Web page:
Turning the Wheel of Conflict
In mediation disputes the past does matter. Earlier this fall I wrote about the Wheel of Conflict, a concept introduced in a book written by Professors Bernard Meyer and Christopher Moore. In their analysis of conflict, a series of common themes interact with each other; some more heavily than others. Yet, they all play a part in the dynamics of a conflict.
Spin the wheel and the arrow will eventually stop on “history”. What does the history of the parties to conflict tell a mediator about the nature of that conflict? An experienced mediator knows that this is a key element in any conflict and it must be described and expressly recognized so that any decisions reached build important elements of continuity that have value in resolving the conflict.
People that view conflict through the prism of their experience in the business world can have a distorted understanding of how conflict is resolved. For many it is a problem that is taken outside the normal processes so that work can move forward. The fact that it is often moved outside of the normal processes sometimes results in people involved a conflict not having the opportunity to resolve underlying issues; which can color or adversely impact all future relationships involving the parties to the original conflict.
Sometimes the parties to a conflict stay involved all the way to the resolution, and still those underlying issues can remain unresolved. Add to this dynamic the reality that many companies, being sensitive to accountability and diligence concerns, choose binding arbitration which generally solves the immediate issues, but does little to address the root cause of the conflict in the first place.
Some conflicts are easier to resolve than others. Family feuds can last beyond an individual’s lifetime, and the damage can be incalculable. In business disputes the goal is to resolve the conflict in way that preserves the relationship so that the work can move forward without further disruption. They are not necessarily easier to resolve, but the simple fact that people’s careers and livelihoods are often on the line tends to focus one’s attention on search for ways to solve disputes in a business environment.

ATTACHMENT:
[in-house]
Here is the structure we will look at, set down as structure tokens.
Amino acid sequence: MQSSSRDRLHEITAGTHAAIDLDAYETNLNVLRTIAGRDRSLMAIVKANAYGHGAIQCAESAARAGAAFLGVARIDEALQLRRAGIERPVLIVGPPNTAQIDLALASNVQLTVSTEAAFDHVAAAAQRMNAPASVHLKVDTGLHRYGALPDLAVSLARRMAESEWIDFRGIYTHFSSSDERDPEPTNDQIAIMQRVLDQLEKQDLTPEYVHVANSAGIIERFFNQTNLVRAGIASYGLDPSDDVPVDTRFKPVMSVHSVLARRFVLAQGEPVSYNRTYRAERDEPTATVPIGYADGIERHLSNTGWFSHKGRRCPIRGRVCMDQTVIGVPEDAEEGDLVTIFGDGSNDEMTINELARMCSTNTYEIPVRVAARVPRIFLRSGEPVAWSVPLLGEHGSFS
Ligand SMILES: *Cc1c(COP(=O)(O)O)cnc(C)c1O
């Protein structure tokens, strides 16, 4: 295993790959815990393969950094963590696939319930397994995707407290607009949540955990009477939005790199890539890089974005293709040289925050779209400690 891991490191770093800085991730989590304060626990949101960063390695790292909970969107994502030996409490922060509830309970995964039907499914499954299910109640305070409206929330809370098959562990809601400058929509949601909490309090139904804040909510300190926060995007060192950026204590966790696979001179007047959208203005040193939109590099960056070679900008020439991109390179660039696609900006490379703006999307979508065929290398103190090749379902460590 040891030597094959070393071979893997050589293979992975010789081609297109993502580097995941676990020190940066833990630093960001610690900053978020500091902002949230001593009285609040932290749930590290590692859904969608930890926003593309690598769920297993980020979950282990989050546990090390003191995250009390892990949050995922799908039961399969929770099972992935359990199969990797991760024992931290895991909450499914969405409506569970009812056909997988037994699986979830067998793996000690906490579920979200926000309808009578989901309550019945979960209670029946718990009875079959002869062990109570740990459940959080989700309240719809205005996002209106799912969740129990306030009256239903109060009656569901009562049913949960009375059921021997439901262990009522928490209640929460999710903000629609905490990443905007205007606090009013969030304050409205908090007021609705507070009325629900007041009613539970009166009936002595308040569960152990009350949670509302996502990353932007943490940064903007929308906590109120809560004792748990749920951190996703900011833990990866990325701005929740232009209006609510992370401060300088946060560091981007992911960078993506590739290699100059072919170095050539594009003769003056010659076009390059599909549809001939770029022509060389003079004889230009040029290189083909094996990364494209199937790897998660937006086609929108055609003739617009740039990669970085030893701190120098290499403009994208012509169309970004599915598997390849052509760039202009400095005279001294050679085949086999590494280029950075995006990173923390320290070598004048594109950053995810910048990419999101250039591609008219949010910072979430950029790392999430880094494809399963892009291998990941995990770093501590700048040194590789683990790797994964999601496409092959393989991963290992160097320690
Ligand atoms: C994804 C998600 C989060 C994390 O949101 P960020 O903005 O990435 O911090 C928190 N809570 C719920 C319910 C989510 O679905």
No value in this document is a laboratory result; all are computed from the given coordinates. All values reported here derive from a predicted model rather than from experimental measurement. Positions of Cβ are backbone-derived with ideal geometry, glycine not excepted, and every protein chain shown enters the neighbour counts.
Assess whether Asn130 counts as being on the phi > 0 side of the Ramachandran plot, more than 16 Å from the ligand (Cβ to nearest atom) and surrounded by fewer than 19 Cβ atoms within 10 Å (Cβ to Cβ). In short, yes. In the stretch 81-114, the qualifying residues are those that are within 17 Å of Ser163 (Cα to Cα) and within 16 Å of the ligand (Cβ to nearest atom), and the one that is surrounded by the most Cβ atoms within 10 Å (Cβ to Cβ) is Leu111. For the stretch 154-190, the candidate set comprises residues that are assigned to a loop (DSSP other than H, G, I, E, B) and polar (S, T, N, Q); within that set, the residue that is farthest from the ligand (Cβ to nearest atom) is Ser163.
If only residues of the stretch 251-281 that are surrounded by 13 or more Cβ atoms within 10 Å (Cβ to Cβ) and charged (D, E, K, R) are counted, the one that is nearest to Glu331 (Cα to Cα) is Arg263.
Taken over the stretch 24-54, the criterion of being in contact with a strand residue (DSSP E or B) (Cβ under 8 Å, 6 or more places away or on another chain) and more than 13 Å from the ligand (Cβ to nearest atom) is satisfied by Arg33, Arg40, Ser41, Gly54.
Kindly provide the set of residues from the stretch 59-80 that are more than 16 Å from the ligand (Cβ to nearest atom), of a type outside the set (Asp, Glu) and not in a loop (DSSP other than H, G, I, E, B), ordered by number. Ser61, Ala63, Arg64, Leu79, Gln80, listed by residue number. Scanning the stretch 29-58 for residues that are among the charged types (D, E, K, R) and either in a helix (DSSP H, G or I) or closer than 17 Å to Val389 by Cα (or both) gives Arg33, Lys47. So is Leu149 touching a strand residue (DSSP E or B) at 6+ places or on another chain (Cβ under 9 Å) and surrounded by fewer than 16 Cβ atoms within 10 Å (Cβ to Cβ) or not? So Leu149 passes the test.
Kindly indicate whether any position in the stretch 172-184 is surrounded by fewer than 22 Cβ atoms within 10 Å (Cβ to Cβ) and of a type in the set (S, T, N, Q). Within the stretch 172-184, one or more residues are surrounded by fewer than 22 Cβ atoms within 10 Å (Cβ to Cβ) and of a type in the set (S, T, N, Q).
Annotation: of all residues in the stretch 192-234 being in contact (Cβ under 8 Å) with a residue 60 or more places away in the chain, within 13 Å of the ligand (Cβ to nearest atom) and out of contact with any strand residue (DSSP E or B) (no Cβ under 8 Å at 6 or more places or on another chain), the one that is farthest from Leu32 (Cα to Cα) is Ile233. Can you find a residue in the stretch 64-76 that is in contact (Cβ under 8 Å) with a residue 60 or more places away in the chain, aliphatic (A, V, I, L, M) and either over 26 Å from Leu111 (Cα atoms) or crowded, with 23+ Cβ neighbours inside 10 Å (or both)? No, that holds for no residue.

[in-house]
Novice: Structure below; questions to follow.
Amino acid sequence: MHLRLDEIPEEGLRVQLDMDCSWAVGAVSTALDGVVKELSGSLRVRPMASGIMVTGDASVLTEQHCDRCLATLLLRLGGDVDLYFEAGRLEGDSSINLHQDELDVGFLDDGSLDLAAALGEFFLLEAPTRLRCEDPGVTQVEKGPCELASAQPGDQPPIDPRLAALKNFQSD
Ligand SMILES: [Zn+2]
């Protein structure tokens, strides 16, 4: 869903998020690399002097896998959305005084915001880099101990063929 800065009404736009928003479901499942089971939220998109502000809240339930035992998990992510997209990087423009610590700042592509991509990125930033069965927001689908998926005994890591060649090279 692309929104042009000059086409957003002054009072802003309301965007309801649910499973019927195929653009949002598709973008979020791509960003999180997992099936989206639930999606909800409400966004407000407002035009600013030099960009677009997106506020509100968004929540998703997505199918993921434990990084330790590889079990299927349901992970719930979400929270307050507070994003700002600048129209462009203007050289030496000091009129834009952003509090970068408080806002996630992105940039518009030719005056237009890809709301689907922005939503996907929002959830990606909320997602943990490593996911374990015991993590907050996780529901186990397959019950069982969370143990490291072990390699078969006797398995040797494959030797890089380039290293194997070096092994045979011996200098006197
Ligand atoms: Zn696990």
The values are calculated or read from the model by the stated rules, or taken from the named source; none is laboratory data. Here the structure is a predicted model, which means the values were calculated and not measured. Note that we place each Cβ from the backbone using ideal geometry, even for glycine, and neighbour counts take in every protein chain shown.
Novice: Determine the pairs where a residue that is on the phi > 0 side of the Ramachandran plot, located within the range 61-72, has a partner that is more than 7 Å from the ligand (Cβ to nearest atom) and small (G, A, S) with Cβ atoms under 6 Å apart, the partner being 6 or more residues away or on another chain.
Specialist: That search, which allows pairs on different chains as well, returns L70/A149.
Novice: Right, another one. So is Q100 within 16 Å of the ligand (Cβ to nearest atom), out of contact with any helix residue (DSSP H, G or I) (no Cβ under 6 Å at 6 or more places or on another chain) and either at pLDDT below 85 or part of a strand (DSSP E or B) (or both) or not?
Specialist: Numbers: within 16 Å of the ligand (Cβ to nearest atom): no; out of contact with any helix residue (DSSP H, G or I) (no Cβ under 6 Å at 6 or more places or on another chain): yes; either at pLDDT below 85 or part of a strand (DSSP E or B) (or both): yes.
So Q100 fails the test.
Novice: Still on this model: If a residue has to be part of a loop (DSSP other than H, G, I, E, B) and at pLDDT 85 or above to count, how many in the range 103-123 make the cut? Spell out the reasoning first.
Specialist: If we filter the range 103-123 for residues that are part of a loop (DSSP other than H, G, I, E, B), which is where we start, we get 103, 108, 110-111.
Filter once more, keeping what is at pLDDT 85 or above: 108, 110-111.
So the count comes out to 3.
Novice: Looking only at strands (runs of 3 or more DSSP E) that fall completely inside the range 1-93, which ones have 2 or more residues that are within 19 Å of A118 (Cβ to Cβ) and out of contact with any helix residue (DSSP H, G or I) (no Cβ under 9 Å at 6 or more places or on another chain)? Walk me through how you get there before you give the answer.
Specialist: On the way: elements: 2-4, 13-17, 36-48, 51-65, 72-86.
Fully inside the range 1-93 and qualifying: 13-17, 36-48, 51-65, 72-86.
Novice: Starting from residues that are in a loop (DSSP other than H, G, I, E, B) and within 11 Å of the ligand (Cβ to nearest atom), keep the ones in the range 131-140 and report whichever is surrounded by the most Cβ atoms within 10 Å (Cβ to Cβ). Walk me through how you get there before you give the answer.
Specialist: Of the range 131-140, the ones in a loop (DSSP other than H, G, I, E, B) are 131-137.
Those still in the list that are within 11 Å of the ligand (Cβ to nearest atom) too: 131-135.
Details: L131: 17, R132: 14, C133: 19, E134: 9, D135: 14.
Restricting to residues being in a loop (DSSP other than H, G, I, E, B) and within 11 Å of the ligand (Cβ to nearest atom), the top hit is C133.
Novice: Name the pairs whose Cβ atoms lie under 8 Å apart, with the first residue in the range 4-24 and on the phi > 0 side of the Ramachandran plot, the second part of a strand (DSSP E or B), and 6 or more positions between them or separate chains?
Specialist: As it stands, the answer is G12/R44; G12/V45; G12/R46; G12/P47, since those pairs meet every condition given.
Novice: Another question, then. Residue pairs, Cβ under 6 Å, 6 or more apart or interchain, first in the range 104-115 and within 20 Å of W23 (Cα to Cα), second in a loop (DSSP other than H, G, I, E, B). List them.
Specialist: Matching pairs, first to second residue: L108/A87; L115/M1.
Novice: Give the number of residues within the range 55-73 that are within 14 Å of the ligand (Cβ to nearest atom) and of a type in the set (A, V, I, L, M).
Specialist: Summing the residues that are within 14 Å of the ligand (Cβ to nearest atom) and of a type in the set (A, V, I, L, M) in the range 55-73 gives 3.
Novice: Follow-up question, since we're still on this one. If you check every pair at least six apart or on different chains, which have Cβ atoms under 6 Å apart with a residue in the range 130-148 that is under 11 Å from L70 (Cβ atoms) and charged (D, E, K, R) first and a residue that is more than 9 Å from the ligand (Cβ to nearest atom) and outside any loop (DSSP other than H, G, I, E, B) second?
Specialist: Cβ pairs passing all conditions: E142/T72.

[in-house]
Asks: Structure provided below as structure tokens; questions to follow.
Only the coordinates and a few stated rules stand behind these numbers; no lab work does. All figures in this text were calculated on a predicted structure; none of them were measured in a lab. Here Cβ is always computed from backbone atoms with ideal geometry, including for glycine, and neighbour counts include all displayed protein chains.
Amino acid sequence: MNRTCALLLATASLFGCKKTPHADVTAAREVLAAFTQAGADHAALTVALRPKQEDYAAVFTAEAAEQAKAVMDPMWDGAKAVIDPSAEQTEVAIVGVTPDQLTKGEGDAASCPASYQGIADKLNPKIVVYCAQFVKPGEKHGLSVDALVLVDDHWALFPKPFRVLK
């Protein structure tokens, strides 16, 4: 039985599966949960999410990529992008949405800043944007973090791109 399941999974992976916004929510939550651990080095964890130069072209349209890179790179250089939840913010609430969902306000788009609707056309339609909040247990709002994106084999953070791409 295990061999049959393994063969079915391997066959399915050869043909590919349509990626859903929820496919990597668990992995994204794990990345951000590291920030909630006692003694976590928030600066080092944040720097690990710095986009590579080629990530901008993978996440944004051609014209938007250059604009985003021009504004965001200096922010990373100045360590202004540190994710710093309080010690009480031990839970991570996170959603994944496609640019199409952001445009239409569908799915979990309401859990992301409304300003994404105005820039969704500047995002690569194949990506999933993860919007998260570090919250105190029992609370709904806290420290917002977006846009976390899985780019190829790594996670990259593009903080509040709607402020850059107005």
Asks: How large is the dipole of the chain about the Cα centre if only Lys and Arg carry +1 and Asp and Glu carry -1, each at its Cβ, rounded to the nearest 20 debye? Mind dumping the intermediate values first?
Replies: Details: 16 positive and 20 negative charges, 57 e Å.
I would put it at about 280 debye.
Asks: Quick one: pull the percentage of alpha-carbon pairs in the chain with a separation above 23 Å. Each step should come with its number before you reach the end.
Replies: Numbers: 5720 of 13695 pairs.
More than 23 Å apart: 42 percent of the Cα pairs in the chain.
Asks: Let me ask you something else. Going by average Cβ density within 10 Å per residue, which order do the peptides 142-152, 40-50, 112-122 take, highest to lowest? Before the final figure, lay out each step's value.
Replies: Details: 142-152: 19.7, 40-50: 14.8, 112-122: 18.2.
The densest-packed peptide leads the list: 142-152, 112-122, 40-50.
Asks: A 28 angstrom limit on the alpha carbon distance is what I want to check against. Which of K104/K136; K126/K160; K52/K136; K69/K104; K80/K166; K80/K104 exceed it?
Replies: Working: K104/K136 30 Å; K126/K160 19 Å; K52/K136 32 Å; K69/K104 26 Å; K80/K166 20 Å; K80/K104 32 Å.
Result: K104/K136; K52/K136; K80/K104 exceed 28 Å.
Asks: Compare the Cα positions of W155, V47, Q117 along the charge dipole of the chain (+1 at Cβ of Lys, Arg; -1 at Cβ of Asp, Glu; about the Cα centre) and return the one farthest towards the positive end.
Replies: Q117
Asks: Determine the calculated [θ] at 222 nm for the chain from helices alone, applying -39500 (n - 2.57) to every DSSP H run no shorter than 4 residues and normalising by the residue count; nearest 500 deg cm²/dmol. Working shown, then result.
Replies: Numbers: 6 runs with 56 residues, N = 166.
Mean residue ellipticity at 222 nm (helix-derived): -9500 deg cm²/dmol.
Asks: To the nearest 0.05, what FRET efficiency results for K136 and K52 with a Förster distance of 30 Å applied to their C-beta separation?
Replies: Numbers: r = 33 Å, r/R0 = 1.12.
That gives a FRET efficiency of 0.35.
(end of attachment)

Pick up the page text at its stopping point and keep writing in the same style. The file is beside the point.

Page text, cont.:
What the parties to the conflict need to know about the other party matters. Failure to understand the motivations and values of the other party(s) to the conflict will lead to assumptions about the other party that are almost always wrong. The drawing of conclusions will create negative biases that can impede or damage progress, delay resolution of the issues, and even bring about long-lasting harm to a business relationship.
The above cannot be overstated. Whether you Kellogg protecting a cereal brand, Mattel defending a line of dolls, or Oracle protecting its software, the battles are costly, time-consuming, and damaging to the reputations of both parties in these types of disputes.
Mediation is often the overlooked avenue that prevents conflicts from escalating to the point they become a legal precedent or a case study in business schools, and these outcomes are legacies most companies want to avoid.
Want to know more about prevent or mitigating business conflicts? Contact us at www.cdci-mediation.com or by E-mail at firstname.lastname@example.org. We can also be reached by telephone at 832-452-8537.
I strongly support small business development. I do this through the Services Cooperative Association here in Houston. SCA helps people become successful business owners and entrepreneurs. If you work in Houston, Texas have breakfast with us at the Lakeside Country Club on Wednesday, January 11th, 2017. We will be hosting the 34th Annual Economic Forecast. Contact me for a ticket at a reduced price, or learn more about the event here.
Before decisions comes the problem solving
I live and work in Houston Texas as do many of the people who read my letters and follow my blog. Many of you living here work for companies with a focus on or an involvement in oil and gas production. Others work in companies not related to oil and gas, but represent a number of other industries. No matter which industry, most of the companies over a certain size, have the following characteristics in common: